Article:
Tuesday, 16 September 2014

Bookshop A Day #14: The Bookshop, New Delhi, India

On the run up to release of The Bookshop Book on the 2nd October, I'm going to be blogging about a bookshop every day to celebrate wonderful bookshops and booksellers all around the world. (#bookshopaday). Today I want to tell you about the wonderful:

The Bookshop, New Delhi, India


I had a chat with the brilliant Rachna, who runs it. 

Hi Rachna! Where can we find you?

Right beside the magnificent 15th century tombs of the Lodi sultans in Lodi Gardens, but here’s an address:

The Bookshop
13/7 Jorbagh Market
New Delhi 110003
India

# 011 24697102 thebookshop@hotmail.com


Describe your bookshop in three words.

Literary, Friendly, Community-Hub

What’s going to catch our eye as soon as we walk through the door?

It’s a small shop, so it’s like walking into a cave of literary treasure. Everywhere you look there is scintillating literature from India and the world.


What’s the best event you’ve ever done?

We launched Salman Rushdie’s Midnight’s Children in Delhi before he became a world-renowned literary figure.


And your best customer moment?

When Gabriel Garcia Marquez visited Delhi, he strolled into The Bookshop and spent an afternoon there, browsing and chatting with the founder of the store, KD Singh. The next day he said in a newspaper interview that it was one of the highlights of his visit to the city.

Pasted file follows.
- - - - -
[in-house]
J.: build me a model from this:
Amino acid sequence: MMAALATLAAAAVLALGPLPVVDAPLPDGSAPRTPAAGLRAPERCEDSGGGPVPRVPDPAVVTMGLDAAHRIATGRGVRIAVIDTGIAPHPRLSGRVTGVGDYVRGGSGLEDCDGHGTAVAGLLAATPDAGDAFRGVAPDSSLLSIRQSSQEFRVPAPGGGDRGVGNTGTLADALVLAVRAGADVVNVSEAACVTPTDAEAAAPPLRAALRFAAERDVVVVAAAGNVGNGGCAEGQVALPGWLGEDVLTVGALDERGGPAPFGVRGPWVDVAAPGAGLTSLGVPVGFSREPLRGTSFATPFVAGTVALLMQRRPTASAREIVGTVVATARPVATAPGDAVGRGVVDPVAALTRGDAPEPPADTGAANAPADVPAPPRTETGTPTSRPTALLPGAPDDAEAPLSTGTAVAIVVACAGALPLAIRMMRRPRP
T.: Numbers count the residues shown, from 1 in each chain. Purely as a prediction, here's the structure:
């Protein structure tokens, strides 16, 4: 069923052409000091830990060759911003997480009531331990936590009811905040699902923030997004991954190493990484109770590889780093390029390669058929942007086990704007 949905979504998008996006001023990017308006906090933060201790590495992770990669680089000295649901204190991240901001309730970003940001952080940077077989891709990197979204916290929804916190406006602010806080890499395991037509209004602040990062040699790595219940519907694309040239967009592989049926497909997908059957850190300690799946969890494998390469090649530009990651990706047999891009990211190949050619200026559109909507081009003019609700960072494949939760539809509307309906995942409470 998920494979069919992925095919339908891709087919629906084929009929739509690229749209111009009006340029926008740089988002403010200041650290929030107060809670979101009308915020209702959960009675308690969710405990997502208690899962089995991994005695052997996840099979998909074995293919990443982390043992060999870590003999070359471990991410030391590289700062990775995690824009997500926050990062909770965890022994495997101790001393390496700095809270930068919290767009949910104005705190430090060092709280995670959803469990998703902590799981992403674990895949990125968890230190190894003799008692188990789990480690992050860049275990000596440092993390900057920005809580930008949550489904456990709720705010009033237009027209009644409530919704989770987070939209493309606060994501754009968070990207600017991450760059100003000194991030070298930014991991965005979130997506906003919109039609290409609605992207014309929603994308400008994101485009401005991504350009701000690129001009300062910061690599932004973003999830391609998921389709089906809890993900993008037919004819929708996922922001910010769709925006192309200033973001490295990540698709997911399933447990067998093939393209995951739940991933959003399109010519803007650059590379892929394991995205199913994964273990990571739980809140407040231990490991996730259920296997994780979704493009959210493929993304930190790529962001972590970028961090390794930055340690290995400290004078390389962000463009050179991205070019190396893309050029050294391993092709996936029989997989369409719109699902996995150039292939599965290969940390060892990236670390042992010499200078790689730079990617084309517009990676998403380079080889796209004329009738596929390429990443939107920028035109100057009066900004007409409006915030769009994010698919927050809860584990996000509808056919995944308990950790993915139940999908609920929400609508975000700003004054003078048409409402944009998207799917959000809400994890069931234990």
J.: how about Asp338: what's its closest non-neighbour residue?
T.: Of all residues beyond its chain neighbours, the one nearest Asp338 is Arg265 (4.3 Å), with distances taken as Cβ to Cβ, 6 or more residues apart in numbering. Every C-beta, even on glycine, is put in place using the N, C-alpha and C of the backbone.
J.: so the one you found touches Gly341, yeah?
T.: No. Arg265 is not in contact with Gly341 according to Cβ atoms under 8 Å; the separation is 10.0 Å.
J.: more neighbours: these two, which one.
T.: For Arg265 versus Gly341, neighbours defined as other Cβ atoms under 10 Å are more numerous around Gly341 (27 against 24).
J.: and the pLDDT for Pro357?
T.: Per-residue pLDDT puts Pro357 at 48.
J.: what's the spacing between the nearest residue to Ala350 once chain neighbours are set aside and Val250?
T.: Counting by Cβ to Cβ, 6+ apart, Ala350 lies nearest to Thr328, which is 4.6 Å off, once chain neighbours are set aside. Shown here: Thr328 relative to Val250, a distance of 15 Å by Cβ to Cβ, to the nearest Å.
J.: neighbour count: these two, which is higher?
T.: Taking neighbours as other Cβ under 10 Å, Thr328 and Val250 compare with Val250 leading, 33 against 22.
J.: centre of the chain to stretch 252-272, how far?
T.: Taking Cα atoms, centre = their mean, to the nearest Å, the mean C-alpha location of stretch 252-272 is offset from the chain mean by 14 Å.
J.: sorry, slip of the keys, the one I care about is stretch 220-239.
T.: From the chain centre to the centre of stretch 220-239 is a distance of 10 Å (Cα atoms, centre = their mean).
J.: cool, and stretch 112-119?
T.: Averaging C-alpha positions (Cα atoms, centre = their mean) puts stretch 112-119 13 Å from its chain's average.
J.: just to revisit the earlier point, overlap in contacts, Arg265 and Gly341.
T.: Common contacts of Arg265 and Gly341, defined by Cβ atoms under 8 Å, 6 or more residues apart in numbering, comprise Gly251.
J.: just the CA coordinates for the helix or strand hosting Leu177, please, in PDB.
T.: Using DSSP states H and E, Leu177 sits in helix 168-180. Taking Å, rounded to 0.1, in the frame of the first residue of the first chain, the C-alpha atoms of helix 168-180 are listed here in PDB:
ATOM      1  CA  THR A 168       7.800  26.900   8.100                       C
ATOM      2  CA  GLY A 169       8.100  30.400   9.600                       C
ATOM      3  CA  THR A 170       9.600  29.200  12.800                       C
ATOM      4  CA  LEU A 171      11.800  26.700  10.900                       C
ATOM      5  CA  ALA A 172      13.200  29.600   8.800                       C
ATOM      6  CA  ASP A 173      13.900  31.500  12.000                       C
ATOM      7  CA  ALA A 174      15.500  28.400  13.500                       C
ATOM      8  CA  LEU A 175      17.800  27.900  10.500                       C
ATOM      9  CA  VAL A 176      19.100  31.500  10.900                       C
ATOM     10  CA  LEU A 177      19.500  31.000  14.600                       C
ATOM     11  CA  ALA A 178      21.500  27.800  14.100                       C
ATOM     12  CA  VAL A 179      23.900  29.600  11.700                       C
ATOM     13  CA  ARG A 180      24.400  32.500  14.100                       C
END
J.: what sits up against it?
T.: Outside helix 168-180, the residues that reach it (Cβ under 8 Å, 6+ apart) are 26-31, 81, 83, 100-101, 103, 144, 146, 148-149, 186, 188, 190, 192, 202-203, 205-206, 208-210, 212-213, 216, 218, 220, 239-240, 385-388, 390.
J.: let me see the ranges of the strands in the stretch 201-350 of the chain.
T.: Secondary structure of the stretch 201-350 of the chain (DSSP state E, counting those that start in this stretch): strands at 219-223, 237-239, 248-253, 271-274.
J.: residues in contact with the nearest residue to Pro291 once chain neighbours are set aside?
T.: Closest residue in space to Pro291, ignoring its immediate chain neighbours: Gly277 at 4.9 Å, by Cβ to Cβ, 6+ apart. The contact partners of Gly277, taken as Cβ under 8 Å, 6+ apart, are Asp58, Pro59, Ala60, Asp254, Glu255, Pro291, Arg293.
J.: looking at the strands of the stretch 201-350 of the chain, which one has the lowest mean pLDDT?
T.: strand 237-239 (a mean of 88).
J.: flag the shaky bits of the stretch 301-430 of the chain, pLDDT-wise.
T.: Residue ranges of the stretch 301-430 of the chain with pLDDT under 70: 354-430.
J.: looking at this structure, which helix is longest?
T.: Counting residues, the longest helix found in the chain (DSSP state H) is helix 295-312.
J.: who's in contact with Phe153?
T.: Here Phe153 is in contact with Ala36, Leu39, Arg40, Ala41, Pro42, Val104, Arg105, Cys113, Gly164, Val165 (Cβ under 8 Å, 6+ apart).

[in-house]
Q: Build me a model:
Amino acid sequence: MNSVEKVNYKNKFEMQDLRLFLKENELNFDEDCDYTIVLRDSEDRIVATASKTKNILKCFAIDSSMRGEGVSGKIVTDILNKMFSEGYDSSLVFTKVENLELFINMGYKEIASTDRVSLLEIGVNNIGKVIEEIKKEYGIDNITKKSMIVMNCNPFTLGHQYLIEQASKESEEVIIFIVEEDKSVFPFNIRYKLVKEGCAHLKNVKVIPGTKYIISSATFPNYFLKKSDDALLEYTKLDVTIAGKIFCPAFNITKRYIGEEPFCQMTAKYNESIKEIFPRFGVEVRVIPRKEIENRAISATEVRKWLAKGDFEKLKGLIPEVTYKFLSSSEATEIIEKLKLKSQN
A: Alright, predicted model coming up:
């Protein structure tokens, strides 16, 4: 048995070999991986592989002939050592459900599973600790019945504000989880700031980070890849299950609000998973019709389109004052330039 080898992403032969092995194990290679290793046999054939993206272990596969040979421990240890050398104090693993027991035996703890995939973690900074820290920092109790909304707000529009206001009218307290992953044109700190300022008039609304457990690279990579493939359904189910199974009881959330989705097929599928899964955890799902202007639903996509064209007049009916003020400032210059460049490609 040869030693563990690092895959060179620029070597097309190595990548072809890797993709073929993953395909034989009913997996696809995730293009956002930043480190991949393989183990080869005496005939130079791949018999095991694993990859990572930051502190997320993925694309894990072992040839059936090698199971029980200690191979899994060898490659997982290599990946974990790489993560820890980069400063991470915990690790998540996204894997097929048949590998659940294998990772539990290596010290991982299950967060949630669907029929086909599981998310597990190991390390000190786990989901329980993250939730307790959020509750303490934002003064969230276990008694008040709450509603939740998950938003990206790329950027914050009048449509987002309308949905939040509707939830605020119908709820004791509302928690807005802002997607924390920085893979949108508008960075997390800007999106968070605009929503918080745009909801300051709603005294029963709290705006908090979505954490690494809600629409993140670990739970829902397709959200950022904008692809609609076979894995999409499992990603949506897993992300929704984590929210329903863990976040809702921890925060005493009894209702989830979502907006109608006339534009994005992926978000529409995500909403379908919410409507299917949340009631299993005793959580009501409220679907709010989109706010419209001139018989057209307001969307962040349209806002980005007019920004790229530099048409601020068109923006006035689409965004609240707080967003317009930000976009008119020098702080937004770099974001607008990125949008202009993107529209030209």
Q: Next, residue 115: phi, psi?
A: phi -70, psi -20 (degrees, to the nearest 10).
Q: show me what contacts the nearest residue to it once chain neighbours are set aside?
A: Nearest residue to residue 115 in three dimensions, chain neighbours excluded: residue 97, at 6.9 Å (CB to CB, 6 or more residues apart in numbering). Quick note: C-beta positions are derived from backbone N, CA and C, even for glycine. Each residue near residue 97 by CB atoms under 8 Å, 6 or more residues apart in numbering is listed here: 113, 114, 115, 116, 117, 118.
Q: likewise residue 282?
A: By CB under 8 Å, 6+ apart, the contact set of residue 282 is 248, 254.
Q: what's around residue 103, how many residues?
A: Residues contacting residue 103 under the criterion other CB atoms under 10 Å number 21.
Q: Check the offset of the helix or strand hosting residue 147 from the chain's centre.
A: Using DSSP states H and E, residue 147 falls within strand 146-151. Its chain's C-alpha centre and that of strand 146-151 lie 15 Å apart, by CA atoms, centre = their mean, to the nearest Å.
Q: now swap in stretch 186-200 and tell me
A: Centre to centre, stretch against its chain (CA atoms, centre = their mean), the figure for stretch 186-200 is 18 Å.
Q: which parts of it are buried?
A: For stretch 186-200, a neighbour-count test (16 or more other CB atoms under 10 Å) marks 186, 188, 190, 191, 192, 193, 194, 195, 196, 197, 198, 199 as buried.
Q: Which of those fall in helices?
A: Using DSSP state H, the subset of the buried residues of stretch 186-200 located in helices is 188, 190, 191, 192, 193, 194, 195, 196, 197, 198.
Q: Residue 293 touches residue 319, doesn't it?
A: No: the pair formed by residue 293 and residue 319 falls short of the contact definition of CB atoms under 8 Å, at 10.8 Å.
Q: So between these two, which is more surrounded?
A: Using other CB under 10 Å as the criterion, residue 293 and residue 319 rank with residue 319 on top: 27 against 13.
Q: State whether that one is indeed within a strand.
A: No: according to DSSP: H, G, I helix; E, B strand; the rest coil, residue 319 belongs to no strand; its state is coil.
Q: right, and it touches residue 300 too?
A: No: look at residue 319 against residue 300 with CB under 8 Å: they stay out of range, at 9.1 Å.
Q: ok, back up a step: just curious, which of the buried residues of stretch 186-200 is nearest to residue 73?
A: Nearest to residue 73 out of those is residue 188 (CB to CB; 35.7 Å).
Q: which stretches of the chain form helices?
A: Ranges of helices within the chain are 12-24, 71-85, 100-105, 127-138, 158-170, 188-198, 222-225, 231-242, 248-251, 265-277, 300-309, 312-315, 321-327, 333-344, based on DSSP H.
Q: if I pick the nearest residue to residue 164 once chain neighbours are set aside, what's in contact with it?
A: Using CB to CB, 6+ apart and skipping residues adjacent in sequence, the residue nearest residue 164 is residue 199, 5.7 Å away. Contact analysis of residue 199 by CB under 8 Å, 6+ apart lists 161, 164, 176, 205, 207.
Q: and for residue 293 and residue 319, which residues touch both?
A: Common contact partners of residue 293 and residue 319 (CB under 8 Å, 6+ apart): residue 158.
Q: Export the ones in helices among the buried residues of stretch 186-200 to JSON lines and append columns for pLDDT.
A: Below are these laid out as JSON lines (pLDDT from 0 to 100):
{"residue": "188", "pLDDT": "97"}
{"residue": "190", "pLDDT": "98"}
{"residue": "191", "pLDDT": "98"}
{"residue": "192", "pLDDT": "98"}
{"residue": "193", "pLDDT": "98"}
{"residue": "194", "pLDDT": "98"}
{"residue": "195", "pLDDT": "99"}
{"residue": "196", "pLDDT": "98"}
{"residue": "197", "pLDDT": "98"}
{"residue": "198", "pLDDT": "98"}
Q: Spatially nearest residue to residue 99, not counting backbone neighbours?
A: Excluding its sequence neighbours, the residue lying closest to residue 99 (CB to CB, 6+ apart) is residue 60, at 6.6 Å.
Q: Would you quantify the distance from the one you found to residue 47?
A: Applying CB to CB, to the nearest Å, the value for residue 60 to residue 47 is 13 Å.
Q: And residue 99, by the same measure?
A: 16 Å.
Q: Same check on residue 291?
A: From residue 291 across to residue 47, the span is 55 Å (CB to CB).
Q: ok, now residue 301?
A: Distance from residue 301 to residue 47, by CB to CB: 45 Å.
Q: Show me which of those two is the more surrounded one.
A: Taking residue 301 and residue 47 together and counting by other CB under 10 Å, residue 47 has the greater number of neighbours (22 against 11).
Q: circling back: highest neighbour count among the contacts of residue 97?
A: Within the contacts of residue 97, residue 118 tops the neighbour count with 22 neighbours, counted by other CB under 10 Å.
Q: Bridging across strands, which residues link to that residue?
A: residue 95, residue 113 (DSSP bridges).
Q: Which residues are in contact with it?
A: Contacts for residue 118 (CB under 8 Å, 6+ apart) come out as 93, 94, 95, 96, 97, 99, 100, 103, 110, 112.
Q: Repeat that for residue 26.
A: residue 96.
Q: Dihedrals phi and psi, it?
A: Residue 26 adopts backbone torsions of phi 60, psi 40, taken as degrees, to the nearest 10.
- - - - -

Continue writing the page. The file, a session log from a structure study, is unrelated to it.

Recommend a book you’ve been loving recently.

How is one even possible, so here are three. Passion Flower, by Cyrus Mistry / The Truth About The Harry Quebert Affair by Joel Dicker/ My Salinger Year by Joanna Rakoff


Why did you become a bookseller?

My parents started The Bookshop because my father was always a bit of a maverick and decided that rather than go into the family business he would follow his passion for literature and start a bookstore that would stock literary fiction and quality non-fiction. I grew up in this environment and decided that there was nothing else I would rather do than work with superb books.


Why are you still a bookseller?

Because working with books is the only thing that interests me. In addition to being a bookseller, I also run a major literature festival and am associated with a publishing company—so books are my universe.


If you could open a bookshop anywhere else in the world, where would you open it and why?

New York-quite simply this has to do with the buzz I experience every time I’m in an iconic indie in that city


Sum up what books and bookshops mean to you in one sentence.